When Sir Thomas Colyer-Fergusson bought Ightham Mote in 1890, he set about turning the neglected 14th-century moated manor house into the ideal residence for a Victorian gentleman and his family. As well as making substantial repairs and alterations to the property near Sevenoaks in Kent, which included central heating, a billiard room and a bathroom, a spectacular kennel for a St Bernard dog called Dido was also added. The large kennel survives to this day as Britain’s only Grade I-listed dog house.
How Do You Like Them Apples?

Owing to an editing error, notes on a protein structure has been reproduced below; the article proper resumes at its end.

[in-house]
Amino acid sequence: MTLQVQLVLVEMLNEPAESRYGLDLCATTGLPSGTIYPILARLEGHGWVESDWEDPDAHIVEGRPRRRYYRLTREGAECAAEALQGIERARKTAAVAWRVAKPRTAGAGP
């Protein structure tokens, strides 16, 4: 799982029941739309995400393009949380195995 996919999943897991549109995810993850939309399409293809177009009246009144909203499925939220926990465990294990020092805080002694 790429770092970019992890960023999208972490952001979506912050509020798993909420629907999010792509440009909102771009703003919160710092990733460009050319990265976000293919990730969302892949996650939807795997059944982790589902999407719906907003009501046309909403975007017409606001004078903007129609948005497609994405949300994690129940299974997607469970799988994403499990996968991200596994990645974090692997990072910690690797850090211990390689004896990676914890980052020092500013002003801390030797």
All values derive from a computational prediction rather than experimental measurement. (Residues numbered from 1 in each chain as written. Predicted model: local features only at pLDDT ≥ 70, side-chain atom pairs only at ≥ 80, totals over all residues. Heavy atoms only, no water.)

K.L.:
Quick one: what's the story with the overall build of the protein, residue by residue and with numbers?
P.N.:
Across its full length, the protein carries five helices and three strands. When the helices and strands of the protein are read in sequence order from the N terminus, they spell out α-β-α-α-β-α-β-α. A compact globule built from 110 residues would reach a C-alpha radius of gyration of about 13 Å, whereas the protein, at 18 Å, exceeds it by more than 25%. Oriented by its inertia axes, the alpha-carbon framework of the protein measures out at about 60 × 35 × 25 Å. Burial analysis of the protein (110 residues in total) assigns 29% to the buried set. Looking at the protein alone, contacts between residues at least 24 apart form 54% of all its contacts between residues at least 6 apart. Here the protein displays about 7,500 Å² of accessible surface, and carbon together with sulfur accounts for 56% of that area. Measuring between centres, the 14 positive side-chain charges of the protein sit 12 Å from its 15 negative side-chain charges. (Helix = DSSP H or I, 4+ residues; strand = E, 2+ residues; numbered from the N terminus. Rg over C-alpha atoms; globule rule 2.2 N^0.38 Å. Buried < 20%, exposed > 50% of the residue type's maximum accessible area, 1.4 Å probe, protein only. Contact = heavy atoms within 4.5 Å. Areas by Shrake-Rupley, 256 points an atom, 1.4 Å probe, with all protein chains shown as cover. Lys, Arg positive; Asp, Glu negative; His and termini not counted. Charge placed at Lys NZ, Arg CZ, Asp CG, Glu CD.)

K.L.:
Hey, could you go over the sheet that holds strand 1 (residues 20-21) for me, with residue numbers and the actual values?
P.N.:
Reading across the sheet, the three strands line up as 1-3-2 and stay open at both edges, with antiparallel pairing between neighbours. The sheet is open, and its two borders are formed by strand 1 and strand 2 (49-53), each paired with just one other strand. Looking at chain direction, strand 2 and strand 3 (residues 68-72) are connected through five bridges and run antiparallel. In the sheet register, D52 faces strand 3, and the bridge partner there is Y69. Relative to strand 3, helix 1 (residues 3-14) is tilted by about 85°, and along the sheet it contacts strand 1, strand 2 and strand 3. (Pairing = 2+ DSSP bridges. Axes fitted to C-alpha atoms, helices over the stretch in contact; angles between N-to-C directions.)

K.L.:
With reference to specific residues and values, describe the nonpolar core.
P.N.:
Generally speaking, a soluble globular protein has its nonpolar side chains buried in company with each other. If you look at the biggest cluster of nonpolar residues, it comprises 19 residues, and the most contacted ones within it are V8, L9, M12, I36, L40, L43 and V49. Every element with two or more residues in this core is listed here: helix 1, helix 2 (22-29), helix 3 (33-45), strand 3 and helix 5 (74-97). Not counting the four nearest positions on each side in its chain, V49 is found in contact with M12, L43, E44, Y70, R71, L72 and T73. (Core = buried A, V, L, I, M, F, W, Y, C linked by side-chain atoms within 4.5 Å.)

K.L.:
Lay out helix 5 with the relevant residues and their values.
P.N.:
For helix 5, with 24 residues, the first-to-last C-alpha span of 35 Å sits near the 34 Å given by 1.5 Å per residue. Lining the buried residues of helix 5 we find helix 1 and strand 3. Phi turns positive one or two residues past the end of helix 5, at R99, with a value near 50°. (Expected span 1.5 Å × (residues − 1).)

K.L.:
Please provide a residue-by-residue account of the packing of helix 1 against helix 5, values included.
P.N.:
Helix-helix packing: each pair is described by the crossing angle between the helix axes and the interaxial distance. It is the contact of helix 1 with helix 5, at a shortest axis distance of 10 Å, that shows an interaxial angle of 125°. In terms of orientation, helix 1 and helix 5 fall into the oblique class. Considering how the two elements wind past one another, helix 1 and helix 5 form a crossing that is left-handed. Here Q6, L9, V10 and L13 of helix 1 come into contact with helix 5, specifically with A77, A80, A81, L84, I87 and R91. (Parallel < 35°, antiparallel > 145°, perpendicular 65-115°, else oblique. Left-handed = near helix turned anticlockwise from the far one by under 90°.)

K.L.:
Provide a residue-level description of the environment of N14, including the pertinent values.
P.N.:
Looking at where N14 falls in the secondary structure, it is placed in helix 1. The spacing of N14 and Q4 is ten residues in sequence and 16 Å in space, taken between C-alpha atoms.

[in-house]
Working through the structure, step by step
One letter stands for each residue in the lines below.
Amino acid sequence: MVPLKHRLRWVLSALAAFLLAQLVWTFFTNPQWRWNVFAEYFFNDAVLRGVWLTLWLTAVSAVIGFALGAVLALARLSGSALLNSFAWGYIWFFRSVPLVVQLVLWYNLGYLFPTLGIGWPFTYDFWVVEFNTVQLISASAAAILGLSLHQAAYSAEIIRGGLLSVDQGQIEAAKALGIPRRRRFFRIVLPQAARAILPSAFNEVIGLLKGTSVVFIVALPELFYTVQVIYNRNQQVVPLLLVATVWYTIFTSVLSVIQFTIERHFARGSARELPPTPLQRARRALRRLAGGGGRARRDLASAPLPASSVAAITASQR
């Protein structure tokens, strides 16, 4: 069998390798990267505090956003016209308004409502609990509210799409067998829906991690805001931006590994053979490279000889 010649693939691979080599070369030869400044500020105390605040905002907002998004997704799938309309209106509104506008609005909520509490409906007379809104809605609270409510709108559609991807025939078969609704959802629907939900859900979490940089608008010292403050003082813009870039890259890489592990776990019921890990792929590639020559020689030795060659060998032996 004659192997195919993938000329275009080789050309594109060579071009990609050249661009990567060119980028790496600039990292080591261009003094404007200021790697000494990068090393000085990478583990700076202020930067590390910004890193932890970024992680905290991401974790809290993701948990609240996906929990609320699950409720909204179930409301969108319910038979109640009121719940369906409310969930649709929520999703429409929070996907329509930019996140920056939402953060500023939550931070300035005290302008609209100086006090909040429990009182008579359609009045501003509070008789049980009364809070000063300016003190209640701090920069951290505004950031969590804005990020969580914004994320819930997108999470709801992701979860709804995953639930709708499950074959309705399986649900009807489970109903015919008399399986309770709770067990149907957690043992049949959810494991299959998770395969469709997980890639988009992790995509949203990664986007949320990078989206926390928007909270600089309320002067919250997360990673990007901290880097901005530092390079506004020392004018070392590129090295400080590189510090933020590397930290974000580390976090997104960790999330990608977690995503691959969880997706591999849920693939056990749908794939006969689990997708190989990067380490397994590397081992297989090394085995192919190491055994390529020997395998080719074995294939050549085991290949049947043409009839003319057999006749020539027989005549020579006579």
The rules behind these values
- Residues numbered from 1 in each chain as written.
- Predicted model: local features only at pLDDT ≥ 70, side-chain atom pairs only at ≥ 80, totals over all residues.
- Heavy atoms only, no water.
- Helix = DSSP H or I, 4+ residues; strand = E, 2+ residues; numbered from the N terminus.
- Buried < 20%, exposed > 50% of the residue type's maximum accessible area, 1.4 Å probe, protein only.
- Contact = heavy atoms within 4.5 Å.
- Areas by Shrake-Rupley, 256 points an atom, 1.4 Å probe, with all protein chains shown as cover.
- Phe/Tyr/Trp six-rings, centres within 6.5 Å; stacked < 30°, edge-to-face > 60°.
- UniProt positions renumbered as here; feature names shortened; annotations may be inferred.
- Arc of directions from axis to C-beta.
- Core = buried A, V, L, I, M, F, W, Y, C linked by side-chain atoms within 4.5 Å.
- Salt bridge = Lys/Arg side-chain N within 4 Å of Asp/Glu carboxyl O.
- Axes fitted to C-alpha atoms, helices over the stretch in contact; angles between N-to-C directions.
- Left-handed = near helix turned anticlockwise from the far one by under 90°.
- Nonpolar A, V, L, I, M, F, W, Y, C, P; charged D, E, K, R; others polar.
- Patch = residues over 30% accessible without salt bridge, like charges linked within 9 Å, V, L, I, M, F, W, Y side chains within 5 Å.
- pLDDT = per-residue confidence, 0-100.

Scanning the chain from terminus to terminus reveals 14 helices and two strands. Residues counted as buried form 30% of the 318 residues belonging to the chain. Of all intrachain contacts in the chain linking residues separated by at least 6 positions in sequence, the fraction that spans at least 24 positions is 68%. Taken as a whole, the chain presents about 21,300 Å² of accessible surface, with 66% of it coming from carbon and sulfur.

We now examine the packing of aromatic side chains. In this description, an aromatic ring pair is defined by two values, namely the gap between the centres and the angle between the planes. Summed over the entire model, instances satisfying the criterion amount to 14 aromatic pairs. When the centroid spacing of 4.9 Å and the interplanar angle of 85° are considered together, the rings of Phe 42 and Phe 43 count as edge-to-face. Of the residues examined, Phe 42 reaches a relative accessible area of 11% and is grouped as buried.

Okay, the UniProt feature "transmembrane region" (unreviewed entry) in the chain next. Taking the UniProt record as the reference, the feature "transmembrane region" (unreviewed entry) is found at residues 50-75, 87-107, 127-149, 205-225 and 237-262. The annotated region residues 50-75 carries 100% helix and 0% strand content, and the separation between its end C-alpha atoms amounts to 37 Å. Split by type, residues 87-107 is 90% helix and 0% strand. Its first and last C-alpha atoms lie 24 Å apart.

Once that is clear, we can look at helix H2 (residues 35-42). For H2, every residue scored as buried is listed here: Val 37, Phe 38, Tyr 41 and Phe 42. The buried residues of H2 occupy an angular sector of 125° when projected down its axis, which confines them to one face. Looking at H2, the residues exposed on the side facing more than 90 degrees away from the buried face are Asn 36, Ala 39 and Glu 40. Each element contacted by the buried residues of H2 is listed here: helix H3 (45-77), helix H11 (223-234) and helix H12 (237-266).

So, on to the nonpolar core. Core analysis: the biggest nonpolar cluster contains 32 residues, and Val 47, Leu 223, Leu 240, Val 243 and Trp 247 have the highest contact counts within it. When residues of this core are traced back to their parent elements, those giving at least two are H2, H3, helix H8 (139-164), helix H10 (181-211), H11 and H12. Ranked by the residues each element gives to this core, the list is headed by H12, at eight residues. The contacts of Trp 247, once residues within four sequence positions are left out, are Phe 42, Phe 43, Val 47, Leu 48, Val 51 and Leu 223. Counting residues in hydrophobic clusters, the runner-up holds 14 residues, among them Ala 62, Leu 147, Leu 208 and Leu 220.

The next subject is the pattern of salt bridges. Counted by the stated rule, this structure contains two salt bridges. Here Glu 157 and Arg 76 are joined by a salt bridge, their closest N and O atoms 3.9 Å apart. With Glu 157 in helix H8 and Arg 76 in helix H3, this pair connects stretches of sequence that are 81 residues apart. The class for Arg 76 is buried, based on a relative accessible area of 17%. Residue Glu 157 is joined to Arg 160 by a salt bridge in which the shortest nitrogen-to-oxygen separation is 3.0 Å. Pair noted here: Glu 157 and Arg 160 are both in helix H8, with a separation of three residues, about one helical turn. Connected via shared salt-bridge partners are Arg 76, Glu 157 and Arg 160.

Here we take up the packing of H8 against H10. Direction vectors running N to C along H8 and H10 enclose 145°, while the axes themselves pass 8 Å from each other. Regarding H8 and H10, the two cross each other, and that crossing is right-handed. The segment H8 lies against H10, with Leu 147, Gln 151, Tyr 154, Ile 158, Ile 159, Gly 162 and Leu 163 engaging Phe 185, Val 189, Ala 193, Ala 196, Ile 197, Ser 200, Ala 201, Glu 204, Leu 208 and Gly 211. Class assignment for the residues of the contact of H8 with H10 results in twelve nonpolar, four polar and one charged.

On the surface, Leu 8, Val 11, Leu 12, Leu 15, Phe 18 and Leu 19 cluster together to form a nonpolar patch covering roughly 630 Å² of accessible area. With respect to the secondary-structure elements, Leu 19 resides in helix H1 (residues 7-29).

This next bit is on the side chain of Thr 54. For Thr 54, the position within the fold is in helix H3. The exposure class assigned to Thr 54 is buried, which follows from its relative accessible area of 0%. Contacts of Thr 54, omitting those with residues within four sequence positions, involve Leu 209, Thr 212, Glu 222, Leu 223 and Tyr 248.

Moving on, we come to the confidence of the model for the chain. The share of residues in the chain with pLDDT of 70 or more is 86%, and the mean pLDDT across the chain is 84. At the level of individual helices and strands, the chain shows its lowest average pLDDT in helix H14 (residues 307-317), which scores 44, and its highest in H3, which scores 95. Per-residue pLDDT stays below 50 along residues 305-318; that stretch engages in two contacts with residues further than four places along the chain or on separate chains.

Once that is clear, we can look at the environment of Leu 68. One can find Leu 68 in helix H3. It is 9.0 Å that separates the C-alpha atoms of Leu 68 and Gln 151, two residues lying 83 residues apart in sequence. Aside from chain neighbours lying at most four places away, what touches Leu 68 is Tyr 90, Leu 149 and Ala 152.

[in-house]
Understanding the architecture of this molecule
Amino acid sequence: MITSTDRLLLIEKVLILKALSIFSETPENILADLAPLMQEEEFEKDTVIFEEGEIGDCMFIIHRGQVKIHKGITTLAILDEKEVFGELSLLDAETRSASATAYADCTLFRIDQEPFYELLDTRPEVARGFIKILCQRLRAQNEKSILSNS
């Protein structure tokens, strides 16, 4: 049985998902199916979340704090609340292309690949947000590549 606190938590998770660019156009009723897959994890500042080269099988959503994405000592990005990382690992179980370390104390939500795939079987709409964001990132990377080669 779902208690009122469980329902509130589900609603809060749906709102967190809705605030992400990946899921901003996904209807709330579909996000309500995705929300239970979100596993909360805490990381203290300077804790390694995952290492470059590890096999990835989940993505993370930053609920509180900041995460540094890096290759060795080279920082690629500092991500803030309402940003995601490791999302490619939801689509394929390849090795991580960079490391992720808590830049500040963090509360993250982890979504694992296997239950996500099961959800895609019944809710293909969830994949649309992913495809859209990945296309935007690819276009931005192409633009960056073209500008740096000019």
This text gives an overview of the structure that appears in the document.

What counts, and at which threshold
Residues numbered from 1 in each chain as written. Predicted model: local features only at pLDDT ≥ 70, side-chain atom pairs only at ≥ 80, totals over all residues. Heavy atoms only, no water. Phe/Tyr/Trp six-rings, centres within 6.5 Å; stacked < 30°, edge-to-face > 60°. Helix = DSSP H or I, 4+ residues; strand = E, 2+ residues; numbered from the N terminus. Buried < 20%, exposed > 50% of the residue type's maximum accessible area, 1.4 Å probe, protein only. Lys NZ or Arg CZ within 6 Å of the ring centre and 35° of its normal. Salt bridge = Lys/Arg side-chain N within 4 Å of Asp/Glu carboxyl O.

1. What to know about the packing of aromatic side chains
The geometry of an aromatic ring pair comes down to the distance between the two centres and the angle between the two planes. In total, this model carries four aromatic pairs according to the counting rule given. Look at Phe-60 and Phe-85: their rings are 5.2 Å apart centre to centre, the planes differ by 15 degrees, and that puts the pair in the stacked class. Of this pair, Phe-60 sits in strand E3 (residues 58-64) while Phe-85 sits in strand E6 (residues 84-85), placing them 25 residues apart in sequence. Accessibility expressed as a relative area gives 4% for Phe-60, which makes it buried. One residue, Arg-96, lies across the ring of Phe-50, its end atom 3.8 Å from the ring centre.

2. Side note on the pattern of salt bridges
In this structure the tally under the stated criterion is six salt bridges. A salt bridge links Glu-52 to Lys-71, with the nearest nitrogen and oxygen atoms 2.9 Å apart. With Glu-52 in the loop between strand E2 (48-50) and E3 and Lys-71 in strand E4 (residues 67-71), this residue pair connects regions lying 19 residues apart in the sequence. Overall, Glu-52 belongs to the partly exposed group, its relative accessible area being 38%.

Twelfth Night is best known today for being the point after which it is unlucky to leave Christmas decorations hanging, but did you know it used to rival Christmas Day for festive game-playing and eating? Marking the Feast of the Epiphany when the three wise men arrived in Bethlehem, there is some debate about when it falls – the Church of England has settled on 5 January. There were Twelfth Night traditions such as the Yule log, which was lit on Christmas Day and remained burning until Twelfth Night to bring good fortune for the coming year, and traditional food and drink consumed, such as Twelfth Cake, a rich fruitcake, and a Twelfth Night punch known as “wassail”. The tradition associated with the latter, wassailing, still takes place in parts of Britain today around Twelfth Night, particularly in cider-making regions such as Somerset where the oldest tree in the orchard is toasted then serenaded with wassail songs. In Bolney, Sussex, they take the custom one step further with “Apple Howling” – a noisy vocal display to scare off evil spirits – on the first Saturday of January.